Wallowa-Whitman National Forest Christmas Tree Permit

Wallowa Whitman National Forest

This permit allows you to cut a Christmas Tree within designated areas of the Wallowa-Whitman National Forest! Lifelong memories are built during these special times and we are happy to help with any information gathering you'll need to make this trip a safe and enjoyable one. 

Please be sure to read and agree to all the tips and guidelines provided when selecting your tree.

Notifications and Alerts

Need to Know

Where to Cut Your Tree

Do not cut on private land, in wilderness areas, designated campgrounds, or existing tree plantations. 

Do not cut in active timber sales or areas that have been planted with new trees. 

Do not cut trees within 50 feet of road 

Christmas tree cutting in Baker City Watershed, Anthony Lakes Campground, Anthony Lakes Mountain Resort, Starkey Experimental Forest, La Grande Watershed, Hurricane Creek and Lostine Drainges area is prohibited.

Do not cut trees in designated Old Growth areas or witin 1/4 mile of Wild and Scenic River Corridors 

Christmas Tree cutting within sight of a State Highway is prohibited.

Selecting Your Tree

Each forest has limitations on the size of the tree you can cut and the species of trees that are permitted. See below to help you measure and choose a tree that meets your permit's guidelines. 

Tree Height: 15 feet maximum

Stump height: 10 inches maximum

Stump diameter: 6 inches maximum

Take the whole tree. Do not remove the top of the tree; cut down the entire tree

If snow is on the ground, remove it from around the stump so you can accurately measure the stump and tree height.

Planning Your Trip

Helpful Cutting Tips

Carry your tree carefully out of the woods. Dragging the tree will rub off needles and bark. 

If the tree is too big to transport inside of your vehicle, wrap it in canvas or a tarp to prevent wind damage. 

Once home, cut the bottom of the trunk off and place the freshly cut trunk in a bucket of water. Replenish water frequently. 

If storing your tree outside for a few days before putting it in the house, keep it in an area protected from the wind, such as the north or east side of your house or under a shaded tree.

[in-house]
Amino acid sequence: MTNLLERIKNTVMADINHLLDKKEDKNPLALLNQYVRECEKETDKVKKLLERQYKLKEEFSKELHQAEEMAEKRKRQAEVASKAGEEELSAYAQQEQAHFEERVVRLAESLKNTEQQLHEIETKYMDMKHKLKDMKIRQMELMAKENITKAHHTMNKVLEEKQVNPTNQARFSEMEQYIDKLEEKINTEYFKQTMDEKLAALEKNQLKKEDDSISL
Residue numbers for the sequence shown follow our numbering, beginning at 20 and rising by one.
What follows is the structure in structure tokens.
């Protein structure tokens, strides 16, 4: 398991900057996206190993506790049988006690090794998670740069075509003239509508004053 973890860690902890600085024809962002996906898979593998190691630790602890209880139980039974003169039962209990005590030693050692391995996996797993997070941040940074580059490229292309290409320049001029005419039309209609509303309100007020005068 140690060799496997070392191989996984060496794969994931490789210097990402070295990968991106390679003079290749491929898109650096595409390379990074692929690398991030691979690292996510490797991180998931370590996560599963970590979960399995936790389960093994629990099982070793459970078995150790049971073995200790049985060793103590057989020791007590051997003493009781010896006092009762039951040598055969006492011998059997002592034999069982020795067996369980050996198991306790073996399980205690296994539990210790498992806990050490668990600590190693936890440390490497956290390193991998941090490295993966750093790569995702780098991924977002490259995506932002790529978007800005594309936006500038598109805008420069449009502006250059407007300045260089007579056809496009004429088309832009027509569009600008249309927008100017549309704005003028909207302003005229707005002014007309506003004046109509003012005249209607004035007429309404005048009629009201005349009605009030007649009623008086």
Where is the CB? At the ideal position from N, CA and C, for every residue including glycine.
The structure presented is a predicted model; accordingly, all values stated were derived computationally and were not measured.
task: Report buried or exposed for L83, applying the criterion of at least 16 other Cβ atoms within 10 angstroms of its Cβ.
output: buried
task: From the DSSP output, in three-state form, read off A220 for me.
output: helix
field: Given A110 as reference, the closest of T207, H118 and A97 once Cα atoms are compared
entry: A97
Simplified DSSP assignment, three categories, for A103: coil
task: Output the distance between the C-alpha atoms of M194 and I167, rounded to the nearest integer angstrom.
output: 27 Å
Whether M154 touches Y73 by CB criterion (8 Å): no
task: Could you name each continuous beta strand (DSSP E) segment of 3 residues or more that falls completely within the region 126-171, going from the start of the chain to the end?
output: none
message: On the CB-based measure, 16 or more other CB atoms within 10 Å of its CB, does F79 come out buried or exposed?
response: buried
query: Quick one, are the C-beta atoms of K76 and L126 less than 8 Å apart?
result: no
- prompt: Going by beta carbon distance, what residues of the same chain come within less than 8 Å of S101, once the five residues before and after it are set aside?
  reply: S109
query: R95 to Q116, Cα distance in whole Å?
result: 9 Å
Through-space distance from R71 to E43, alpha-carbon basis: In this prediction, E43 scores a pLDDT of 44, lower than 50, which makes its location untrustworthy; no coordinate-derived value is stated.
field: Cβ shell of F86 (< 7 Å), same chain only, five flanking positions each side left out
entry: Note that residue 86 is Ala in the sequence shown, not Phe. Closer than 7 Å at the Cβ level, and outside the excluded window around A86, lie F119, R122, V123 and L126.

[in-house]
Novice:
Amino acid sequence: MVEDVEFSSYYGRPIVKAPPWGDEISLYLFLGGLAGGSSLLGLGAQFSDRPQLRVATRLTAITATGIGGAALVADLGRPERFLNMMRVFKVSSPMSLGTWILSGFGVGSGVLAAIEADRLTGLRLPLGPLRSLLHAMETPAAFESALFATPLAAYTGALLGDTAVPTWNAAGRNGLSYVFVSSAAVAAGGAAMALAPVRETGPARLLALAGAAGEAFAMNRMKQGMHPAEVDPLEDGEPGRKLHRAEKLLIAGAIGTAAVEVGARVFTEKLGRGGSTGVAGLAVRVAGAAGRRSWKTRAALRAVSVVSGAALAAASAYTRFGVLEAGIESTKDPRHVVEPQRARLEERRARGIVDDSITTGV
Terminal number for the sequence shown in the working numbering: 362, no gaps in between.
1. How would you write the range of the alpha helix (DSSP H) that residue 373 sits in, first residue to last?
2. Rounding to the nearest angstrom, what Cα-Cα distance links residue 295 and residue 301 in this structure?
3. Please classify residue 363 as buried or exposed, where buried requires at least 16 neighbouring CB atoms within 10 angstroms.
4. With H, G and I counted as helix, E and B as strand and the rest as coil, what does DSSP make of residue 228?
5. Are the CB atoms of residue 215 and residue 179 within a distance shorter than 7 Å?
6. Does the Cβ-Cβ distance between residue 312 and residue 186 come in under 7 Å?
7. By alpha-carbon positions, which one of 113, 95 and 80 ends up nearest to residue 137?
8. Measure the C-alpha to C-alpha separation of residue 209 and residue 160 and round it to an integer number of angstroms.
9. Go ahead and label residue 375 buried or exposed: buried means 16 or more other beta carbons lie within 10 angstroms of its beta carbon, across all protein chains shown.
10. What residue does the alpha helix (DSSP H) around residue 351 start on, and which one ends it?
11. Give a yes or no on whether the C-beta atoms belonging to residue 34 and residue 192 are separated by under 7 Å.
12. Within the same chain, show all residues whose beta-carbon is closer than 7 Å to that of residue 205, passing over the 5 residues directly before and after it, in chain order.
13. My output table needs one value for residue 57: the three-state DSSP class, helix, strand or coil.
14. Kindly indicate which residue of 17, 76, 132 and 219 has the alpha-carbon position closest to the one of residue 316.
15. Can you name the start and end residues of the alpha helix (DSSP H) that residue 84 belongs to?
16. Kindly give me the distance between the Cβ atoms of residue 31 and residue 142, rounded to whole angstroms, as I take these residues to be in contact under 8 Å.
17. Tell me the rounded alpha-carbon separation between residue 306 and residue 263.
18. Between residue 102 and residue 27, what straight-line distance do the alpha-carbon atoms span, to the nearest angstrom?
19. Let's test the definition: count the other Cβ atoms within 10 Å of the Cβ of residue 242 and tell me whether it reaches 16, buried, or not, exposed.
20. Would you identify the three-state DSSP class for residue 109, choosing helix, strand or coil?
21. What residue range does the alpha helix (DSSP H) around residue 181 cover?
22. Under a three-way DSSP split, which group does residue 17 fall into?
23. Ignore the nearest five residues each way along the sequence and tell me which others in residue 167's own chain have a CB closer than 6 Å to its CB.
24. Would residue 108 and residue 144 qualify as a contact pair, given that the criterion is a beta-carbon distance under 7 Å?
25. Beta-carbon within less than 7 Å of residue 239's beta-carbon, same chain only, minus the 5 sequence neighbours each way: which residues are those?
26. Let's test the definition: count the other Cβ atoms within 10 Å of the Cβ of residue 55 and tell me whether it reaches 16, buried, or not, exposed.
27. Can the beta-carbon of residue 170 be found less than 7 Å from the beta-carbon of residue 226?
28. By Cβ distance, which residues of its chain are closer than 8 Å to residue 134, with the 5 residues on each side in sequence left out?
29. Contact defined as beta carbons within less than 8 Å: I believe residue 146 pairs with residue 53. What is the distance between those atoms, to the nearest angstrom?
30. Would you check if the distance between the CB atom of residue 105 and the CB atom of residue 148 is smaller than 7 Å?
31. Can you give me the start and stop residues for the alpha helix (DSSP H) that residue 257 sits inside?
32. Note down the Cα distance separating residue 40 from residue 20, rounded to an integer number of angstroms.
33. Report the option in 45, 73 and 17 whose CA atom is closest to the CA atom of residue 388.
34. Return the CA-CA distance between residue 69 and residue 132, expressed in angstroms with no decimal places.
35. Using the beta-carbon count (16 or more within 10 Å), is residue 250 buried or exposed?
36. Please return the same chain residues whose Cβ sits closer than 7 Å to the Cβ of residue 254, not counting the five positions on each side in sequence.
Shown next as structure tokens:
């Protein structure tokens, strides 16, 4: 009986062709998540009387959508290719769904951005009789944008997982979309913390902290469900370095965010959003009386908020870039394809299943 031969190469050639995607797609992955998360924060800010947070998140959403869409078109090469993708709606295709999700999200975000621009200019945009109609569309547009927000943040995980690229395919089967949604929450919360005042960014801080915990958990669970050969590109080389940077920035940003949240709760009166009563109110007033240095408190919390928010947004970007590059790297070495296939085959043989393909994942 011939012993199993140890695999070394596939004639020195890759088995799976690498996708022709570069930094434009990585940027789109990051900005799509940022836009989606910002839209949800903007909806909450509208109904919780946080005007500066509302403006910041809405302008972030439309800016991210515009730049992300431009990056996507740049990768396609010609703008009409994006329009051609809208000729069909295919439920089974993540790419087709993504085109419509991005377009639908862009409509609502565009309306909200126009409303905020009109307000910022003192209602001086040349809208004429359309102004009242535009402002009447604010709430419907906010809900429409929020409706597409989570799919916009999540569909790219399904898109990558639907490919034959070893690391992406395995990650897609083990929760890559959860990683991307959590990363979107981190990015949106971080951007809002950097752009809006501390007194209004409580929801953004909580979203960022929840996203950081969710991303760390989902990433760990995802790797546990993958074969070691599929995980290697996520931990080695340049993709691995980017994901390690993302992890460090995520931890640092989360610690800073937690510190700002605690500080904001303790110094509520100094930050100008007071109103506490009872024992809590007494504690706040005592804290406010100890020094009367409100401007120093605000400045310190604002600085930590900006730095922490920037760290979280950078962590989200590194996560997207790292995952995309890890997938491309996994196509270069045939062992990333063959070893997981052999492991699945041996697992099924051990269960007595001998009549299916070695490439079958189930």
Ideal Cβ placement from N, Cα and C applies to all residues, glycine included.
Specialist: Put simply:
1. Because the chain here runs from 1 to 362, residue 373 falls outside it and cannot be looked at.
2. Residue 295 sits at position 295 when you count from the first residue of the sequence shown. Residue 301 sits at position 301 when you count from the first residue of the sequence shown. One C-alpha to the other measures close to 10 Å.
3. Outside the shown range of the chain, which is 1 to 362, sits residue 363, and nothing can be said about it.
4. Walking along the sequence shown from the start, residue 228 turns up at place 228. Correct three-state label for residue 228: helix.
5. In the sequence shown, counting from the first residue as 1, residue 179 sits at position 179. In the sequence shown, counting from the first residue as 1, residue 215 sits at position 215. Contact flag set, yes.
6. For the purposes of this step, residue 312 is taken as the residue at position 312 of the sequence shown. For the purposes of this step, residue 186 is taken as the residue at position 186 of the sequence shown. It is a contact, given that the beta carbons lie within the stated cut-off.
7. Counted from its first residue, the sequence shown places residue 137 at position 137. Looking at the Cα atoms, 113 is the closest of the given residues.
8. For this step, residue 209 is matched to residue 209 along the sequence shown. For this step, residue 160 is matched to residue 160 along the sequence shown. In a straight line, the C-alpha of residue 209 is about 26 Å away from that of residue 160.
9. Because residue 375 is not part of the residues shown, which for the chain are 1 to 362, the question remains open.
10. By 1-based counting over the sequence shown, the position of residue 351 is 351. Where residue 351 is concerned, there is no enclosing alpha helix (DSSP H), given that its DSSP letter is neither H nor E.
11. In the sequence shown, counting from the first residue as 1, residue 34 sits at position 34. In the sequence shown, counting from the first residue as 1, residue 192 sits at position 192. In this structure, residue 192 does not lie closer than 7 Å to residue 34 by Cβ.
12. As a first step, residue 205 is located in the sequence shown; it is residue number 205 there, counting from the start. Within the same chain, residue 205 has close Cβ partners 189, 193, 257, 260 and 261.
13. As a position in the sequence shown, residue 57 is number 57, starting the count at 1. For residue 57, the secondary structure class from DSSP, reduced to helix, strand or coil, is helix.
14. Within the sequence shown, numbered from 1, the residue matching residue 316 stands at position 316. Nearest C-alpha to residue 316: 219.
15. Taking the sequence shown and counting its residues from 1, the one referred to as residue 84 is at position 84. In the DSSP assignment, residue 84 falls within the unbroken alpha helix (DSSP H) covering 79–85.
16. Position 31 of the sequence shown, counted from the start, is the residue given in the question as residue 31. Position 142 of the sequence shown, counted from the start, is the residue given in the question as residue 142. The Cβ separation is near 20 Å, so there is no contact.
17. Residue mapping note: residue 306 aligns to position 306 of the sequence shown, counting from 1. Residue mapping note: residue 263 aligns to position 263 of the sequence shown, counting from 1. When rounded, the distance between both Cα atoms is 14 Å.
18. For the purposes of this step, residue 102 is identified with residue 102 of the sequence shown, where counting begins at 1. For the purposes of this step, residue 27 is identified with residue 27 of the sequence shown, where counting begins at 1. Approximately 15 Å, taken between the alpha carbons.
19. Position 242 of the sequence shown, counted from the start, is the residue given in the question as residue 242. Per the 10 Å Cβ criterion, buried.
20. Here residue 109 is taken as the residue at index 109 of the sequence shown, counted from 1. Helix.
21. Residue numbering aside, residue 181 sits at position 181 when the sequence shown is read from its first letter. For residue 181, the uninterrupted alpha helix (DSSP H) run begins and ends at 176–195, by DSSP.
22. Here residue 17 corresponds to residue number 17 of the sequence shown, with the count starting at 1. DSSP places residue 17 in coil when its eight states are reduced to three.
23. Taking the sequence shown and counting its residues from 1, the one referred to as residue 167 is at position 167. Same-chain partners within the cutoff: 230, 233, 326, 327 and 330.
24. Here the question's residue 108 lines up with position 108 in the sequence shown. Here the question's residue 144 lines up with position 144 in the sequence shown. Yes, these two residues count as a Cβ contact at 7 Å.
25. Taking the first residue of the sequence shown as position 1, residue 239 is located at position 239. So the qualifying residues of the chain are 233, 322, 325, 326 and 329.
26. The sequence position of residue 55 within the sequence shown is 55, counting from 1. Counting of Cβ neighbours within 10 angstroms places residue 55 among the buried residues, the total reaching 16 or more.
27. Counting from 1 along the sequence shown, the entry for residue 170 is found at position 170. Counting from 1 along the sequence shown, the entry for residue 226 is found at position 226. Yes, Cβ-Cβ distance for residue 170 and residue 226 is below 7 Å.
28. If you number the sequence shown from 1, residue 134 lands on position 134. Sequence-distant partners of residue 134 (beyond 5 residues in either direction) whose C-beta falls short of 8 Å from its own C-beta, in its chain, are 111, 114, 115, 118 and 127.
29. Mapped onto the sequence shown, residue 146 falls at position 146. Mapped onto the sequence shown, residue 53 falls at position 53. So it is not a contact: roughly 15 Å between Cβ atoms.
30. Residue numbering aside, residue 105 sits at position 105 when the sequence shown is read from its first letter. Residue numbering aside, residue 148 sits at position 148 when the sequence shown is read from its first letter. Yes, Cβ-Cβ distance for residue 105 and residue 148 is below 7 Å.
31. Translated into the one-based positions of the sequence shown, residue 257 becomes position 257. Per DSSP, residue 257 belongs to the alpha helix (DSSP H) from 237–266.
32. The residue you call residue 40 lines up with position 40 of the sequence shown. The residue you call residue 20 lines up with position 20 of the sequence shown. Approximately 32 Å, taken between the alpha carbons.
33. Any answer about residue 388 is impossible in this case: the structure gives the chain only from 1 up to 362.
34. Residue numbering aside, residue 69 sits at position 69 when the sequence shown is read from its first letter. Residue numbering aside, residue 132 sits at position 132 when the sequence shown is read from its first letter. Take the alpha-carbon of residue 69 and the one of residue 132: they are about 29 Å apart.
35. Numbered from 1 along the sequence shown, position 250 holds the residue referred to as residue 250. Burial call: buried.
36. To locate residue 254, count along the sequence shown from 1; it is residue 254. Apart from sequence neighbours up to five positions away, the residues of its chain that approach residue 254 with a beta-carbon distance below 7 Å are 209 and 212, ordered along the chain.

Choose a tree from a dense forested area, which will give the remaining trees more space to grow.

Cut the leftover branches from the stump and scatter them or take them home for decorations.

How to Plan Your Trip

Before you leave home, be sure to measure the space where you plan to place the tree in your home (height and width), and measure the space in your vehicle where you will be transporting the tree.

Cell service may be spotty or unavailable. Be sure someone knows where you are and when to expect you back.

Check the latest weather conditions, forest warnings and road closures before you leave on your trip. Bring plenty of food and water with you as well as an overnight survival kit in case you become stranded. Bring a map with you. Don’t rely on GPS because it may not be up-to-date with forest service roads.

Dress warmly and take extra dry clothes. Expect winter weather, including cold temperatures, snow and winds. Start your day early. Be sure to find your tree and leave the woods before dark.

Roads may not be plowed. Carry tire chains, shovel(s) and a tow chain. Be sure your vehicle has a full tank of gas. Bring a spare key and give it to someone else in your party. Don’t get locked out of your car! Park in areas so that traffic can get by safely, and do not block gates.

Tools you should consider bringing with you include a measuring tape to ensure you select a tree that fits in your home; handsaw to cut your tree; gloves to protect your hands; boots to protect your feet; a tarp to sit on and/or to move your tree once it's cut; and rope or straps to secure your tree to your vehicle.  

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